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Review: Foster and Lloyd, It’s Already Tomorrow


Foster and Lloyd
It’s Already Tomorrow
[Effin Ell (2011)]

With their Everly Brothers-like harmonies giving voice to intelligent lyrics and hook-laden country-pop melodies, Radney Foster and Bill Lloyd joined with Steve Earle, Lyle Lovett, and Joe Ely to apply a new edge to the country music of the late-1980s. The first duo in country music to score a chart topping hit with their debut single (“Crazy Over You”), in 1987; their early songs were covered by the Sweethearts of The Rodeo and country music superstar Ricky Shelton. That initial reign of glory, though, was extremely short-lived. By 1990, they had gone their separate ways. Foster continued to perform as a neo-trad country music artist, and Lloyd worked as a power-pop session guitarist and harmony singer, but neither reached the artistic heights of their combined past.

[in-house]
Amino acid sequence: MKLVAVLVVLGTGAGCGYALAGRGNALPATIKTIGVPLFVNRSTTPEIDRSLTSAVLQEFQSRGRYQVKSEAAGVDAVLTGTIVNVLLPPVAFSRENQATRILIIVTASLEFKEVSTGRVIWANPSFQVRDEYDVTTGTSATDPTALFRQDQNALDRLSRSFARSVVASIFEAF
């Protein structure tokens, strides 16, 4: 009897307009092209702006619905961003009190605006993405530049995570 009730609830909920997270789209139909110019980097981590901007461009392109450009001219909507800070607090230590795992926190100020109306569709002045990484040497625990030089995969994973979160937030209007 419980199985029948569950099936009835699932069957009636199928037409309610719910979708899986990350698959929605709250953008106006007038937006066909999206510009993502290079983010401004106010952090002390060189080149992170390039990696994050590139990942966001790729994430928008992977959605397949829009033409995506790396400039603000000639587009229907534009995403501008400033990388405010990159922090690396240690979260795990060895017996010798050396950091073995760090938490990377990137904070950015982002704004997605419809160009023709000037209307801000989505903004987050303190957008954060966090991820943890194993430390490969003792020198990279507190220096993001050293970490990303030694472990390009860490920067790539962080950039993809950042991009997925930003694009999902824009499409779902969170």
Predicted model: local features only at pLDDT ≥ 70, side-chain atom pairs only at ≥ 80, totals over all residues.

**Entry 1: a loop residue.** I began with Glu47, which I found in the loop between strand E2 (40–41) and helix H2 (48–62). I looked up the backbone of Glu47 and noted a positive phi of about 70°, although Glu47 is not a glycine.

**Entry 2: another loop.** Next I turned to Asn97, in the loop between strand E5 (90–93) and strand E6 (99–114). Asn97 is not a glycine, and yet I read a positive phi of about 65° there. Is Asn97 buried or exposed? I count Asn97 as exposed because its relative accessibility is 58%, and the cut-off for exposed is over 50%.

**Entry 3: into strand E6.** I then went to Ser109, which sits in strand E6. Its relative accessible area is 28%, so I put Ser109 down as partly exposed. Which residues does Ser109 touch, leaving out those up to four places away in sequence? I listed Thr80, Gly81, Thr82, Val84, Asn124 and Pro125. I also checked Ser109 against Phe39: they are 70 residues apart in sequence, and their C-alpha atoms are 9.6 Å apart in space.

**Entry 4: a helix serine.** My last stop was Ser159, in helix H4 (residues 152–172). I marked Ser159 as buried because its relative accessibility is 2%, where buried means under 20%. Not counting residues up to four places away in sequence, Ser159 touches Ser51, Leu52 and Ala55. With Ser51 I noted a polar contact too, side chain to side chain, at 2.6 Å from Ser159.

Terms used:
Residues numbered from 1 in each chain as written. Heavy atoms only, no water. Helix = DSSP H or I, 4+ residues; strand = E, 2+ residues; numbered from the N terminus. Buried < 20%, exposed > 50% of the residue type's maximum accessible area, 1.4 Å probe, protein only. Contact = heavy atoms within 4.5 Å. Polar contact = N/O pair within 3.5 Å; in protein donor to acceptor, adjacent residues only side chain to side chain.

With the release of It’s Already Tomorrow, their first album since 1990’s Version Of The Truth, the duo not only resumes Foster and Lloyd’s partnership, but, with its’ more-dynamic, rock-influenced sound, injects a new depth into their music. Bassist Tom Petersson (Cheap Trick) and Foster’s longtime drummer Keith Brogdon lay down a solid country-rock rhythm, while Foster and Lloyd inspire each other to new heights. Their songs radiate with charm, warmth, and harmony, Foster’s nasal twang blending symmetrically with Lloyd’s high tenor. Guests include 73-year-old pedal steel wiz Lloyd Green (“You Can’t Make Love Make Sense”), Emmylou Harris’ steel guitarist Steve Fishell (“Don’t Throw It Away”), vocalist Beth Nielsen Chapman (“Lucky Number”), and E Street Band bassist Garry Tallent (who plays nylon string bass on the acoustic tune “When I Finally Let You Go”). Sam Bush is featured on “Picasso’s Mandolin,” written by Foster, Lloyd, and Guy Clark, and originally debuting on Clark’s 1992 album, Boats To Build.

—Craig Harris (Chicopee, MA)

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